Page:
Skip to main content


Total Dissolved Solids

Total dissolved solids (TDS) indicate the amount of ions, including salts and metals, dissolved in a certain amount of water. Some dissolved ions in water are common, such as some CO 2 from respiration by organisms, or salts in saltwater. However, above certain levels, TDS can be detrimental to ecosystems. Anthropogenic sources of high TDS are common, and include agricultural/pesticide runoff, sewage discharge, or increased salinity from de-icing salts.

The implications of TDS can be extremely difficult to explore, as the measurement does not differentiate between the different ions dissolved in water. Some ions may be beneficial, like nutrients, while some may be deleterious, like metals. Each type of substance can have a different effect on the physiology of the organisms in the environment.

The best way to lower the TDS level of your local creeks or rivers is by prevention.


Click on the solution below for more information
  • Adopt

    Are you a member of a group or organization in your community that would be interested in adopting this waterway? Contact us if you’re interested in learning more about stream adoption.

    Learn more about adopting a stream

  • Allow for natural growth near waterways

    If you live or work next to a waterway, leave a 35′ to 100′ no mow zone on its banks. Allow natural and native plant growth in this buffer area or plant native trees, bushes, and groundcover. This vegetation can filter pollutants before they reach your waterway and provide other water quality benefits that far exceed those of a mowed lawn. Native plants and grasses require less watering and fertilizer and also provide important habitat for native species of wildlife.

    Resources include:

  • Plant a rain garden

    Rain gardens can filter and infiltrate stormwater that flows across your yard.

    Resources include:

  • Reduce paved, impervious surfaces

    Impervious or impermeable surfaces, like pavement, contribute significantly to polluted stormwater runoff and alter stream flow habitat. If you’ve got excess pavement you’d like removed, consider a de-paving project with the Compact. Elsewhere, ensure that your downspouts drain to vegetation, gravel, or rainbarrels, rather than impervious surfaces. If you constructing or repairing your driveway, pervious pavement allows stormwater to infiltrate and filter through the ground. If you can’t do the whole drive, consider making only the portion closest to the street pervious.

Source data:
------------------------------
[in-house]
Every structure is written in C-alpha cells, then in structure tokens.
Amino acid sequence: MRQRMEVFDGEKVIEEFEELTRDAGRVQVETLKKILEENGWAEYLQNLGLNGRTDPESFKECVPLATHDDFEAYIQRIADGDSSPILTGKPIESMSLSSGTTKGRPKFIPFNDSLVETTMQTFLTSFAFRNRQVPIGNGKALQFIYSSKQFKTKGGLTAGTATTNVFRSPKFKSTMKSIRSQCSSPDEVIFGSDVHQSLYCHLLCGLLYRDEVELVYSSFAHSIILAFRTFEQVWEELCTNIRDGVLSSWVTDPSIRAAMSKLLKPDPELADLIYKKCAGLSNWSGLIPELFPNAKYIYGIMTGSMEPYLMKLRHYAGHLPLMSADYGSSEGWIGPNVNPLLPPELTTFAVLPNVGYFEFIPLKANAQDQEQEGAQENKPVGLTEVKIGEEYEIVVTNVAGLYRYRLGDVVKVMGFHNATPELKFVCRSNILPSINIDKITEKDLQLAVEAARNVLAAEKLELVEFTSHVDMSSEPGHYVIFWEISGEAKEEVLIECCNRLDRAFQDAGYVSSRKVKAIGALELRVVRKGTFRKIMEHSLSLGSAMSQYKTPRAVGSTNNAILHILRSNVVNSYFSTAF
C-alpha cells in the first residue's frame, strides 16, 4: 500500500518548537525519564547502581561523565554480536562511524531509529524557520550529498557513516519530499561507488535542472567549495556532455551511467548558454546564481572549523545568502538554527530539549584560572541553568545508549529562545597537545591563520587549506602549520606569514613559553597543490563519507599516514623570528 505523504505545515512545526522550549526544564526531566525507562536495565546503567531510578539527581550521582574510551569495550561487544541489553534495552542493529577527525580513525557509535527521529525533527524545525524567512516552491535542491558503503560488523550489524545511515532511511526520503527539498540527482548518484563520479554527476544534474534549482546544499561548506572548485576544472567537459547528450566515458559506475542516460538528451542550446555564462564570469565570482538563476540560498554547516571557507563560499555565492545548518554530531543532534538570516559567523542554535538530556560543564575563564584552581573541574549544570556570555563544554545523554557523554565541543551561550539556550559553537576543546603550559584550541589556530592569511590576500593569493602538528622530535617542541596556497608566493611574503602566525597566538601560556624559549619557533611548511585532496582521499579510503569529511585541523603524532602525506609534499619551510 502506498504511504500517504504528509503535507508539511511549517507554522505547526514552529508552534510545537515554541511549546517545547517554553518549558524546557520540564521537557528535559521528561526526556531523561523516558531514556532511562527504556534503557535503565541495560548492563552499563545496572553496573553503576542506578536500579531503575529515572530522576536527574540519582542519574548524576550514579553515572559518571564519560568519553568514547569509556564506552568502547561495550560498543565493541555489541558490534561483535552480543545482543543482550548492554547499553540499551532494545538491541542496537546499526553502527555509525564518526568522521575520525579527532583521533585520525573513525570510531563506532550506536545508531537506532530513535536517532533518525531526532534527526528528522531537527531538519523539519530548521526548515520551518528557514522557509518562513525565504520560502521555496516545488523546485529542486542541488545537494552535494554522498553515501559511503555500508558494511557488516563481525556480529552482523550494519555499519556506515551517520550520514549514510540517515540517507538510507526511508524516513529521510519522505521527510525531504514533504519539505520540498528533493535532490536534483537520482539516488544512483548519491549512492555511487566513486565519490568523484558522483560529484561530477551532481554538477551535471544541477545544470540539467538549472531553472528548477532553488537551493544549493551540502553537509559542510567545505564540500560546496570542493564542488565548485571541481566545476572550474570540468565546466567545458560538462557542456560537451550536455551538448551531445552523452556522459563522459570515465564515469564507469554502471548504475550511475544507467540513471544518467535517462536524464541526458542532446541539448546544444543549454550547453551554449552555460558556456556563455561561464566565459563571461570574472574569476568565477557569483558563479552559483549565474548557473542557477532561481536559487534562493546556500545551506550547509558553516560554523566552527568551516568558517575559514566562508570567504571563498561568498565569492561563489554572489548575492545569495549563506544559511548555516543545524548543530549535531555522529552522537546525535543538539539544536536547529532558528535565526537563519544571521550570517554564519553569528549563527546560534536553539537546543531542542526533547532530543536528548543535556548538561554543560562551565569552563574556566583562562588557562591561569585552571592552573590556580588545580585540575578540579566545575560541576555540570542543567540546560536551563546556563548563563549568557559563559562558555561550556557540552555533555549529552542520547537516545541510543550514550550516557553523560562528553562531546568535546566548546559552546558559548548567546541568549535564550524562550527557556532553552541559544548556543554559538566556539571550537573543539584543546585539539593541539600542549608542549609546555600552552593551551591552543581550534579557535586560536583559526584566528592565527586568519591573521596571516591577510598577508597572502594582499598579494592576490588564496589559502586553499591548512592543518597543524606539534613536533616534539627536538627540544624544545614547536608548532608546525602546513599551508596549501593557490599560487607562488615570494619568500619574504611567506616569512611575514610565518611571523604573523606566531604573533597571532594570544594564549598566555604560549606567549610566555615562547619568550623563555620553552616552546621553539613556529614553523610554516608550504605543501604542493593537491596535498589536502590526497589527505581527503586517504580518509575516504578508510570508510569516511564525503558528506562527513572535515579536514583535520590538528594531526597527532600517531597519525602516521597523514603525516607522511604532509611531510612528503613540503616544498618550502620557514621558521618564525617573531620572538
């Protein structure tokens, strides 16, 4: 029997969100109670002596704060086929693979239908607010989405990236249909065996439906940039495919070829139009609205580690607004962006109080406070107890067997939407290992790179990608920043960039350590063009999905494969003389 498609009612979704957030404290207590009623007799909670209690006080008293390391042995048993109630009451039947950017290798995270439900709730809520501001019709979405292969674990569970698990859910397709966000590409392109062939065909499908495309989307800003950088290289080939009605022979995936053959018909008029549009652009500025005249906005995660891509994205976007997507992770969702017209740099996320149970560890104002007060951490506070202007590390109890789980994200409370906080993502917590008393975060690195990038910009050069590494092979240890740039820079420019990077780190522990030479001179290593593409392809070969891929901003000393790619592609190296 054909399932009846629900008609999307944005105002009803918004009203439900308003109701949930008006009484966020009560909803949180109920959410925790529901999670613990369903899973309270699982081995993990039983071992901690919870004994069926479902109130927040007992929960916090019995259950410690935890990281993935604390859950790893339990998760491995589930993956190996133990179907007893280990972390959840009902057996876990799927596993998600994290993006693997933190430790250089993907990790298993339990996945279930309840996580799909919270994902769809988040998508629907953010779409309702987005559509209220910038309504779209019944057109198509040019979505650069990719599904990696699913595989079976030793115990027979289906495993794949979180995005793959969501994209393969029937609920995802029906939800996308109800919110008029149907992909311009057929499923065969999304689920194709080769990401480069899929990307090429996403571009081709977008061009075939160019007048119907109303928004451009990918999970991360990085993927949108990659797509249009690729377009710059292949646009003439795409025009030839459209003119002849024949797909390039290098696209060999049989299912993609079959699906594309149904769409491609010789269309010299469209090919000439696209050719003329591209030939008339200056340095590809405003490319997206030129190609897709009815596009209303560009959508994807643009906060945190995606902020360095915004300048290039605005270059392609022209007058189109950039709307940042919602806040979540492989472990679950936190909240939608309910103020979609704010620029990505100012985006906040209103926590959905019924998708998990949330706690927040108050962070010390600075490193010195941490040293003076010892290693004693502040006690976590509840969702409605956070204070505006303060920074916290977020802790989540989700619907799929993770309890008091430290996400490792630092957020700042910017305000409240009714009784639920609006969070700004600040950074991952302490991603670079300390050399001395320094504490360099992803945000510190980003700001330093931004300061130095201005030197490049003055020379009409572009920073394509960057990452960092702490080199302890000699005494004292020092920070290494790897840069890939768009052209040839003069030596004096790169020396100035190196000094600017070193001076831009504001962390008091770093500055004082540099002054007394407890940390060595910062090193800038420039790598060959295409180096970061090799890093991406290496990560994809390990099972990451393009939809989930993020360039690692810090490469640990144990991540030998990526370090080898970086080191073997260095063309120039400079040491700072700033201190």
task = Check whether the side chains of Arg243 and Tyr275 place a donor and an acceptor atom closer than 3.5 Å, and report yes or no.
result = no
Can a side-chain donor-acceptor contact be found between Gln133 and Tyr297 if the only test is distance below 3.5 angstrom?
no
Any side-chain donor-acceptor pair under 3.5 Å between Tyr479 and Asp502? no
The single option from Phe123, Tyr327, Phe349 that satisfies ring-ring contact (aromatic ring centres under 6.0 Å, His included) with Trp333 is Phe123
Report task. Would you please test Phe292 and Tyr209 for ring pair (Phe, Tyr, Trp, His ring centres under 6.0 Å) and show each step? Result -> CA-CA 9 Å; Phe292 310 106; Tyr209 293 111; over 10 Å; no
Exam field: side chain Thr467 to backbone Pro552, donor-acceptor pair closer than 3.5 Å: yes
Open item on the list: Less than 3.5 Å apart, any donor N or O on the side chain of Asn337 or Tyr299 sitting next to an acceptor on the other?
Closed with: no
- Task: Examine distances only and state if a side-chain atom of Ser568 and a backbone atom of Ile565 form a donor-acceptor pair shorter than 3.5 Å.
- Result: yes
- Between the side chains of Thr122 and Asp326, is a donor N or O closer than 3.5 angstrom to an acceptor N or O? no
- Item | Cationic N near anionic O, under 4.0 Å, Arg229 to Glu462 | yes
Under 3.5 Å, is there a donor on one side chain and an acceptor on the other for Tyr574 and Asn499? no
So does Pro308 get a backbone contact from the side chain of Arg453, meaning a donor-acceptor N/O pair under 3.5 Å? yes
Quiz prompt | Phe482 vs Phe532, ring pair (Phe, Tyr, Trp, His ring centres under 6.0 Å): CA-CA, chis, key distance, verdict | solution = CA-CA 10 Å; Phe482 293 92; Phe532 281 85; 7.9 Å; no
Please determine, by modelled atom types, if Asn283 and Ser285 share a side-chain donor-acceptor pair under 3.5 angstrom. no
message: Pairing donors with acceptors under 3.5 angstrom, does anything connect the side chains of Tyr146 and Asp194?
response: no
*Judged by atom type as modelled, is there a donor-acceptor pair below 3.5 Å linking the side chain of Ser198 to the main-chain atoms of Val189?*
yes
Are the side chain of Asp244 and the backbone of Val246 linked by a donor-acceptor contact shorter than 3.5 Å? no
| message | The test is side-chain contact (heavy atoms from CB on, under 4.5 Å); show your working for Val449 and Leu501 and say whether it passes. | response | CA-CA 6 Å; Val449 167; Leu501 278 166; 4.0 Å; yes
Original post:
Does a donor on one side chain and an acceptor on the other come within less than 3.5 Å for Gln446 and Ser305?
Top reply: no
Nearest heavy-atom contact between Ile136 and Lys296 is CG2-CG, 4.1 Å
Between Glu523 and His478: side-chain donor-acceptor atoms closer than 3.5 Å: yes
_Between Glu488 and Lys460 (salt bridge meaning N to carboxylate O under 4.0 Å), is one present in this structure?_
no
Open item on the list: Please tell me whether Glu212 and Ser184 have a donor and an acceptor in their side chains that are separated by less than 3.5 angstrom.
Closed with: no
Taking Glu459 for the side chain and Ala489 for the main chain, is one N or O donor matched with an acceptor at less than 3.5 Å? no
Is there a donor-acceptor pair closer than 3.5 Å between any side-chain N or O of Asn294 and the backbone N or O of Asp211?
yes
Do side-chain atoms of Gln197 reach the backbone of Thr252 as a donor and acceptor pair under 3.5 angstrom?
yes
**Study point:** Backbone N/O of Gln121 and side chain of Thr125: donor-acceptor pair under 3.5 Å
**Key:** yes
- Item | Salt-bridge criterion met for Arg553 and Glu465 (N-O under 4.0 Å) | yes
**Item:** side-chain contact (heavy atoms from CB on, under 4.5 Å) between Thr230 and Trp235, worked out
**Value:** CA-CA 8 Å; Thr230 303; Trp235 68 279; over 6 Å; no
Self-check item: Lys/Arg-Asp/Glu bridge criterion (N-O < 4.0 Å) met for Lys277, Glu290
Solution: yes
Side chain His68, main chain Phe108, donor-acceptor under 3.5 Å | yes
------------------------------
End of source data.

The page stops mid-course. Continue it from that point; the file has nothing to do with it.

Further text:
Resources include:
    1) De-paving Work – Cumberland River Compact (Call 615-837-1151)
    2) Rain Barrel Sales – Cumberland River Compact
    3) Rain Barrels Make Good Sense – UT Extension

  • Employ agricultural best management practices.

    Excluding farm animals from this waterway and providing them with alternative sources of water can prevent animals from trampling streamside vegetation and defecating in the waterway.

    Resources include:

  • Limit fertilizers and pesticide use

    Fertilizers, pesticides and other pollutants can attach themselves to soil particles and find their way to your creek.

    Resources include:

    • Soil Test to Determine Fertilizer Needs of Your Soil – University of Tennessee Soil, Plant, and Pest Center
    • How to Soil Sample a Lawn or Garden – UT Extension
    • Principles of Home Landscape Fertilization – UT Extension
    • Nutrient Outreach and Educational Materials – EPA
    • UT Municipal Technical Advisory Service provides a number of related educational resources including Lawn and Garden Fertilizers, Lawn Watering, and Managing Leaves and Yard Trimmings.
  • Support public funding of water treatment plants and sewer infrastructure.

    Water related infrastructure is expensive and obtaining funding for necessary sewer and water treatment improvements is often a challenge for communities. However, public dollars are critical to our water quality and public health. Support your community’s efforts to properly maintain it’s water related infrastructure.

    Resources include:

    • America’s Infrastructure Report Card – American Society of Civil Engineers
    • How Sewage Pollution Ends Up in Rivers – American Rivers
    • Greening Water Infrastructure – American Rivers
  • Organize with others in your community. Make your voices heard and your votes count.

    Participate in community planning efforts and advocate for relevant measures that improve or protect water quality. Write to your elected official and let them know this is concern or invite them to speak about the impairment with your home-owners association. When elections come up, vote for candidates who will address the problem and hold them accountable to their promises. Support local watershed / environmental associations.

    Resources include:

  • Spread the word.

    Do your neighbors, family, or roommates know about the problem? Now that you know how to be an effective steward, enlist the help of others in your neighborhood. Share iCreek or resources within it with your neighbors and encourage them to join the effort to protect your creek.

  • Use nontoxic deicing methods.

    Deicing can be extremely detrimental to aquatic ecosystems. Make use of non-toxic options where possible. Encourage those responsible for significant deicing activity in your community to consider non-toxic or less toxic options.

    Resources include: